The Note to Self Podcast produced an excellent program on Single Tasking that has turned out to be one of their most popular episodes. They contend that the crucial thing to relieve feelings of overwhelm is to select a single task, then work on it until it’s finished.
Gloria Mark, one of the researchers they interview in the show, says: it can take 23 minutes, 15 seconds to recover after an interruption. (Relevant part at about 7:40 of the podcast.) She even argues that after a series of interruptions, workers will begin to interrupt themselves, increasing stress and lowering productivity.
This is a resource post. When I was building up the meditation habit, one of the challenges that I set for myself was to gradually increase the length of the meditations I was doing, one minute at a time. This is the order of the guided meditations that I used.
Just finished watching a great YouTube series called 100 days.
The series follows two guys who are trying to “have a healthy midlife crisis” by eating healthier, meditating, and exercising. It’s somewhat artificial in that they have hired a support crew of psychologists, nutritionists, doctors, and maybe a dozen personal trainers to help them in the process, but this is part of making it a show instead of their life. They tried activities as common as tennis, bowling, and golf, as well as more obscure activities like obstacle courses, rock climbing, roller derby, and even aerial circus training — filming the whole mess along with reflections on their progress, photos of their food, and frequent check-ins to see how some basic metrics are going (e.g. number of pushups in a minute, heart rate both before and distance from their toes in a forward fold).
For me, there are three main areas that you need to cover with your physical training: strength, conditioning, and mobility. How you achieve the balance is up to you, but frequently what you need isn’t what you want, and your needs will shift over time.
In 1999 I found out about freewriting from a writing professor whose name I don’t remember anymore. I’m not sure it matters. The thing that mattered more was a book called “Writing Down the Bones” and it was this weird, Zen-ist manifesto on writing, where the important thing wasn’t what you said, it was moving your hand across the pages, for time. I learned a lot about myself somehow in that class, even though a lot of the writing I did I don’t remember at all. I was at some stupid community college and I thought I already knew everything after coming out of a private school. Like a lot of things that work, it got me past the rough spot I was in and then I stopped doing it.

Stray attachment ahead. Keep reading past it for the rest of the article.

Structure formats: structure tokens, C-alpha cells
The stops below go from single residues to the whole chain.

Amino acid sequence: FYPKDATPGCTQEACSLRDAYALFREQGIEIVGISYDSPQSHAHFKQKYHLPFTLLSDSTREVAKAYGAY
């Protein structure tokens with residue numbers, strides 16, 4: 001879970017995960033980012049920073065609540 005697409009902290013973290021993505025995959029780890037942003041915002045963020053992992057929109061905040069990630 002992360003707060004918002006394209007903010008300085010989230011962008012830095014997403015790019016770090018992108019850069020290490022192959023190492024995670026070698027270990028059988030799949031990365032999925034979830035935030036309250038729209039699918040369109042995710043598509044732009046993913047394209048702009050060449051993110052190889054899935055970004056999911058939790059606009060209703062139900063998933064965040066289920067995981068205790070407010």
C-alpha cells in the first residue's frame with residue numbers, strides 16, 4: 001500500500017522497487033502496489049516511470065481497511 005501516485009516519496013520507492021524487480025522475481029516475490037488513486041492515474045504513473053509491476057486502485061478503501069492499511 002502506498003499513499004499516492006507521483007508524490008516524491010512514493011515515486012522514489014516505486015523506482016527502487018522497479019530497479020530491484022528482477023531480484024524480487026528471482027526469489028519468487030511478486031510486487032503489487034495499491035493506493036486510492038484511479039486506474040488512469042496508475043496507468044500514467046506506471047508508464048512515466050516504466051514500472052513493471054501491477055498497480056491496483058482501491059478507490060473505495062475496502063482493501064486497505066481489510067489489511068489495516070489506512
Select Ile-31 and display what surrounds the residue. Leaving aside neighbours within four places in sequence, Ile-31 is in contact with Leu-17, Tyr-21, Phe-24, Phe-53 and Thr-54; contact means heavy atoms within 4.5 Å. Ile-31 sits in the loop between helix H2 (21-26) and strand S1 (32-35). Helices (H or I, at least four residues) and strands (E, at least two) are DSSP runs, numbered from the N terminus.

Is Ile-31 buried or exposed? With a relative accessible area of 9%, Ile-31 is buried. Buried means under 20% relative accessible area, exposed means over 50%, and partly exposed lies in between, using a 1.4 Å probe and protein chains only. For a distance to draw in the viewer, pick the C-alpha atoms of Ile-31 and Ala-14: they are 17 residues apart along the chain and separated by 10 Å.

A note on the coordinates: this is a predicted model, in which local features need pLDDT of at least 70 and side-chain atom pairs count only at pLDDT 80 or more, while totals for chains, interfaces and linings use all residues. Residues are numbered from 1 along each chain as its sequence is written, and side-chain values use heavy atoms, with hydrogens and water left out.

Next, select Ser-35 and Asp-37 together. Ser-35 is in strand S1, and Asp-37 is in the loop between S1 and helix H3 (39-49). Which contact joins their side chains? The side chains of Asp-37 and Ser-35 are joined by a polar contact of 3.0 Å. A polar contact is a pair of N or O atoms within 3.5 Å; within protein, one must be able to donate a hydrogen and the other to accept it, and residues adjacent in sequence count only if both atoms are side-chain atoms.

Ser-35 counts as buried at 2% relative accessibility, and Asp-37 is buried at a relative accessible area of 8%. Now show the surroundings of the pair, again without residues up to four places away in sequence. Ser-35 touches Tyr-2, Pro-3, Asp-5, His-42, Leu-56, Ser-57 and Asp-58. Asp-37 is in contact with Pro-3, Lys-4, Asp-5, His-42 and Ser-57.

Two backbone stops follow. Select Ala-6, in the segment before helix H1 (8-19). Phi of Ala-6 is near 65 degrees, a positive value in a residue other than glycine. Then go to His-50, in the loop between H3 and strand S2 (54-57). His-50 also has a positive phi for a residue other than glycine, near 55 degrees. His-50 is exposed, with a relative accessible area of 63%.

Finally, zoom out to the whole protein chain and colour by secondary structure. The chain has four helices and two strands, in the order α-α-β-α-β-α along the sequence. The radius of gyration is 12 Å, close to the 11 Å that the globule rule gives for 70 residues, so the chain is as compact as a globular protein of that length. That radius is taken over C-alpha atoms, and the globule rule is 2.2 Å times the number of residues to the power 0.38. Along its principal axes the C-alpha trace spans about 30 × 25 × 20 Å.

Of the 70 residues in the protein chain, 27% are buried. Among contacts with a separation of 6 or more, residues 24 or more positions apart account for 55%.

I write down 10 ideas every day. What I’ve found after doing this is that it creates space for me in my mind – makes me realize that there are always more options that I can think about or explore, even if I didn’t think of them initially.
How many times have I done this: catastrophizing. “Well, the diet’s blown. Might as well eat five doughnuts” (after eating one). “Well, my day is shot, I just spent 2 hours watching a twitch stream instead of doing work.” “Well, my workout program is junk now, I missed a day.”
I’m finally going to do it: I’m going to get in shape. A friend of mine — let’s call him “Billy” — offers to work with me at his gym. He was a competitive powerlifter in high school and today we’re going to squat. So we squat front and back squats, do some other assistance work: hack squats, hamstring curls, quad extensions. I feel good. My legs feel like they might explode. I wobble home, somehow managing to operate the pedals of my car.
The next morning I wake up, kick my legs over the side of the bed and try to stand up. I collapse in a heap next to the bed. I yell “Billy!” at the top of my lungs and I hear my housemate burst into laughter in the next room over. He proceeds to yell “Billy!” at me every time he sees me gimping around that day.